The California State Assembly has been studying a bill, SB 107, to declare the state a sanctuary for minors who have been denied transgender -affirming medicine and surgery elsewhere.
SB 107 would permit insurance companies, physicians, and contractors to disregard subpoenas about child custody if the child is being medically treated for gender dysphoria. It would also ban health care providers from providing medical information requested from another state if that state has a policy allowing civil action to be taken against individuals who perform “gender-affirming health care” on children.
A young California woman, Chloe Cole, has testified before legislators in her own state, in Louisiana, and in Florida about her experience at the hands of gender-affirming doctors. She began to transition to a male at 13; she had a double mastectomy at 15; and she detransitioned at 17.
This is the text of her address in Louisiana. It is heart-breaking.
My name is Chloe Cole, and I am from the Central Valley of California and a former transgender child patient. I am currently 17 years old and was medically transitioning from ages 13-16.
After I came out to my parents as a transgender boy at 12, I consulted a pediatric therapist in July of 2017 and was diagnosed with dysphoria by a ‘gender specialist’ the following month. The healthcare workers are trained to strictly follow the affirmative care system, even for child patients, in part because of California’s ‘conversion therapy’ ban. There was very little gatekeeping or other treatments suggested for my dysphoria.
When my parents asked about the efficacy of hormonal, surgical, and otherwise ‘affirming’ treatments in dysphoric children, their concerns were very quickly brushed aside by medical professionals. I didn’t even know detransitioners existed until I was one.
The only person who didn’t affirm me was the first endocrinologist I met. He refused to put me on blockers and expressed concerns for my cognitive development. However, it was easy to see another endocrinologist to get a prescription for blockers and testosterone, just like getting a getting a second opinion for any other medical concern. After only two or three appointments with the second endocrinologist, I was given paperwork and consent forms for puberty blockers (Lupron) and androgens (Depo- Testosterone), respectively. I began blockers in February of 2018, and one month later, I received my first testosterone shot. I received Lupron shots for about a year.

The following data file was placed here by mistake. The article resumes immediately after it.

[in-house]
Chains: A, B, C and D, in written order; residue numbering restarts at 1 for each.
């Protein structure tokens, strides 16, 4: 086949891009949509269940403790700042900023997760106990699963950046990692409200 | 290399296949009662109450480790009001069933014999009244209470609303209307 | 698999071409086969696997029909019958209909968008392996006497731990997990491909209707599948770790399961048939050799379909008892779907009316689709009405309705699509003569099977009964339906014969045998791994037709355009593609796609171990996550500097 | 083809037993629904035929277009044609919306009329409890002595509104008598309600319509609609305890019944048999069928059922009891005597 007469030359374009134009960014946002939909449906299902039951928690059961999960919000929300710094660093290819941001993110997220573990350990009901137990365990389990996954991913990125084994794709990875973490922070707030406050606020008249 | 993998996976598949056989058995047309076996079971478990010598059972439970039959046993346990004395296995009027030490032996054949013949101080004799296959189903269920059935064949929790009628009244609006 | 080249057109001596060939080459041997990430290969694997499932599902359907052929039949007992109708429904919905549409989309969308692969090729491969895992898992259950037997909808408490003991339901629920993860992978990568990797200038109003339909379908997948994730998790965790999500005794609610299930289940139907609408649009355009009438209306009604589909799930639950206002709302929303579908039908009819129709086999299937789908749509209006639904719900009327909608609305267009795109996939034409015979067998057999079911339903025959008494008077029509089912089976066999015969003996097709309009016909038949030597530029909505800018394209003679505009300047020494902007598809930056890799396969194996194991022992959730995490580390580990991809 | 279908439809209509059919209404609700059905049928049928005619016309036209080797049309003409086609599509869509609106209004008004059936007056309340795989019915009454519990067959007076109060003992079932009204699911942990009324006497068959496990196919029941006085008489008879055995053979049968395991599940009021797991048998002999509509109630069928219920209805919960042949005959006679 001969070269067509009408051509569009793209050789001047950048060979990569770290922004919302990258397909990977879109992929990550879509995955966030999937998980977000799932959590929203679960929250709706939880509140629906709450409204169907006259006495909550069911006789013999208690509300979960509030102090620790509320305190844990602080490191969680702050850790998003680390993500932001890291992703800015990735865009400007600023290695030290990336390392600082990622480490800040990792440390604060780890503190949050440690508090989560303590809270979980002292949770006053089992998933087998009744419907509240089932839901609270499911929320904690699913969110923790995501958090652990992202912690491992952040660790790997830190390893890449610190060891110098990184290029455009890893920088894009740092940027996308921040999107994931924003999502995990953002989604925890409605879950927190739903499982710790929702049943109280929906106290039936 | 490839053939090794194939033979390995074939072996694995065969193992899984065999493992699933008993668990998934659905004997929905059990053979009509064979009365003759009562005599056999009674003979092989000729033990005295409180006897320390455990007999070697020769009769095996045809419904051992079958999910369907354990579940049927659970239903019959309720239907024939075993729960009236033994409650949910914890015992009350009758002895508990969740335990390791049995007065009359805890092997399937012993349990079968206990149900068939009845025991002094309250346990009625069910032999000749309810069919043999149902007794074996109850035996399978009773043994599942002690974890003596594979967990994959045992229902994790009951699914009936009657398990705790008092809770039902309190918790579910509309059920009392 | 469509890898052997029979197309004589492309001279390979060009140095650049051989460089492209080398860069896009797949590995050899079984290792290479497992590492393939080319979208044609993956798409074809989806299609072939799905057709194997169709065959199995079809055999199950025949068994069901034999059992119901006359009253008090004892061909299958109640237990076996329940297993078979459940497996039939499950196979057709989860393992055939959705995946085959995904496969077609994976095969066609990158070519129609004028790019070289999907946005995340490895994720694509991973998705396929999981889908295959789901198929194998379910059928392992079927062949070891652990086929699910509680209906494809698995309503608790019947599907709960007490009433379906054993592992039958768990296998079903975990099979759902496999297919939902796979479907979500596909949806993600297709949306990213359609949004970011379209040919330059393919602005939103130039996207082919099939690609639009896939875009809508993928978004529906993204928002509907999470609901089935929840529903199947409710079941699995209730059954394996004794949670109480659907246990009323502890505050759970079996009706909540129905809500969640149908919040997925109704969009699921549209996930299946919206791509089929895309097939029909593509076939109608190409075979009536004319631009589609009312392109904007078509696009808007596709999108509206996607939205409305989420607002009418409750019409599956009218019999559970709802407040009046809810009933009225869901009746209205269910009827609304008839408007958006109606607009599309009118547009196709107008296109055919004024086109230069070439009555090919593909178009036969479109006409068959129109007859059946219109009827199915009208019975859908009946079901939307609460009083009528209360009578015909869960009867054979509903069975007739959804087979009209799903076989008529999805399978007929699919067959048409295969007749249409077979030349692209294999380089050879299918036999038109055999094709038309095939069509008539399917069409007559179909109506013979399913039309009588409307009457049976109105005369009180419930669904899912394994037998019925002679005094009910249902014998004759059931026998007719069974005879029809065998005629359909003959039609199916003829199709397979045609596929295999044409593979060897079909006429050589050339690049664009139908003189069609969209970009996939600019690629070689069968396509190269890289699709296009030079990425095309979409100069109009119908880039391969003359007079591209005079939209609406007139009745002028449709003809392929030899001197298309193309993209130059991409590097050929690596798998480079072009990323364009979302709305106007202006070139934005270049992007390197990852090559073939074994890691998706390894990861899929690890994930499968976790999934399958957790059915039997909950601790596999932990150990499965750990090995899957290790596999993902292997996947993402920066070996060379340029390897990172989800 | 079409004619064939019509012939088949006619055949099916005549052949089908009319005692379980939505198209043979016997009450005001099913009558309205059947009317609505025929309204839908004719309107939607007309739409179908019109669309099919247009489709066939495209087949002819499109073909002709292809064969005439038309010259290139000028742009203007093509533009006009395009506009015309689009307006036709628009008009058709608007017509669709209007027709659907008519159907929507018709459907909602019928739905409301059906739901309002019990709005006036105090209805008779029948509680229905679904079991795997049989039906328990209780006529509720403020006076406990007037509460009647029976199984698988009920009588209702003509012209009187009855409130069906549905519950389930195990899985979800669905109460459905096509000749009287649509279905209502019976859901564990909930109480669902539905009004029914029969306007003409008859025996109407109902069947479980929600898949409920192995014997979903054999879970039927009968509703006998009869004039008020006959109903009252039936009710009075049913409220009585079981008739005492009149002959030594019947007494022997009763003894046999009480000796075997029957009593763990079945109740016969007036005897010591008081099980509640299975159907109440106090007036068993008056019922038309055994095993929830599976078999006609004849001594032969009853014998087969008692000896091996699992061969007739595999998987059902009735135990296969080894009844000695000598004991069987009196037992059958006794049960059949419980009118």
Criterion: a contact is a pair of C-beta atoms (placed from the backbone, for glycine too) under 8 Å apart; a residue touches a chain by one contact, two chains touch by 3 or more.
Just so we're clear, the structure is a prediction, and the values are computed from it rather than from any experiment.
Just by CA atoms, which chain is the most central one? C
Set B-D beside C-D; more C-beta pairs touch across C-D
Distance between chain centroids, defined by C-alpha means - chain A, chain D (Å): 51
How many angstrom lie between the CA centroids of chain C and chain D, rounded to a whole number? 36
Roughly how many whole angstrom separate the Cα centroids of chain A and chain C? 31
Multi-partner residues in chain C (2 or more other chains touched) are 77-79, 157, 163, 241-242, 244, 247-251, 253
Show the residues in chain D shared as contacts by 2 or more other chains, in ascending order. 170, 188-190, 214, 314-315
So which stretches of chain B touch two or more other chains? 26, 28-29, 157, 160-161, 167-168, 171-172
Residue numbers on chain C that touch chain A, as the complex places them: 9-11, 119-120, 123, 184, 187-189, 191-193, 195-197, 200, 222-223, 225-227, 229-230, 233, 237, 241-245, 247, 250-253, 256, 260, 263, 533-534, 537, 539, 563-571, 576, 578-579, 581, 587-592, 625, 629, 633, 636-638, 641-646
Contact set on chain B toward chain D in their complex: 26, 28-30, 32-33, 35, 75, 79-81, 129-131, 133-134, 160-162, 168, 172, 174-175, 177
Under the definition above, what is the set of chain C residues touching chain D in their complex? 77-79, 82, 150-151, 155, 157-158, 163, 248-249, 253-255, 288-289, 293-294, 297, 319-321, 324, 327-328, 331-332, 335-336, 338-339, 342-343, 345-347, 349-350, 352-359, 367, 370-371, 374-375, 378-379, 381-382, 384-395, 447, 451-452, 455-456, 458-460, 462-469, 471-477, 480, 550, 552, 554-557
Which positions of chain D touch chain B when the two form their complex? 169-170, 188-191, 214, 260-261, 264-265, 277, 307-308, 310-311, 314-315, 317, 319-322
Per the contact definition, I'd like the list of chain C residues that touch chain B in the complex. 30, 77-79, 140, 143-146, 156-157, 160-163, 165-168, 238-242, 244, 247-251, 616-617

After two years on testosterone, I expressed to my therapist that I was seeking top surgery, or the removal of my breasts. I was recommended to another gender specialist, who then sent me to a gender-affirming surgeon. After my first consultation with the surgeon, my parents and I were encouraged to attend a ‘top surgery’ class, which had about 12 Female-to-Male (FTM) kids. I was immediately struck by how early some of them seemed in their transition and how some were much younger than I was; I was 15 at the time and had been transitioning for 3 years.
In retrospect, the class inadvertently helped to affirm my decision because of the sense of community provided by seeing girls like me going through the same thing. Despite all these consultations and classes, I don’t feel like I understood all the ramifications that came with any of the medical decisions I was making. I didn’t realize how traumatic the recovery would be, and it wasn’t until I was almost a year post-op, that I realized I may want to breastfeed my future children; I will never be able to do that as a mother.
The worst part about my transition would be the long-term health effects that I didn’t knowingly consent to at the time. I developed urinary tract issues during my transition that seem to have gotten worse since stopping testosterone. I have been getting blood clots in my urine and have an inability to fully empty my bladder. Because my reproductive system was still developing while I was on testosterone, the overall function of it is completely unknown. I have irreversible changes, and I may face complications for the rest of my life.
I was failed by modern medicine.”
How certain were her doctors that she had given informed consent to these life-changing procedures?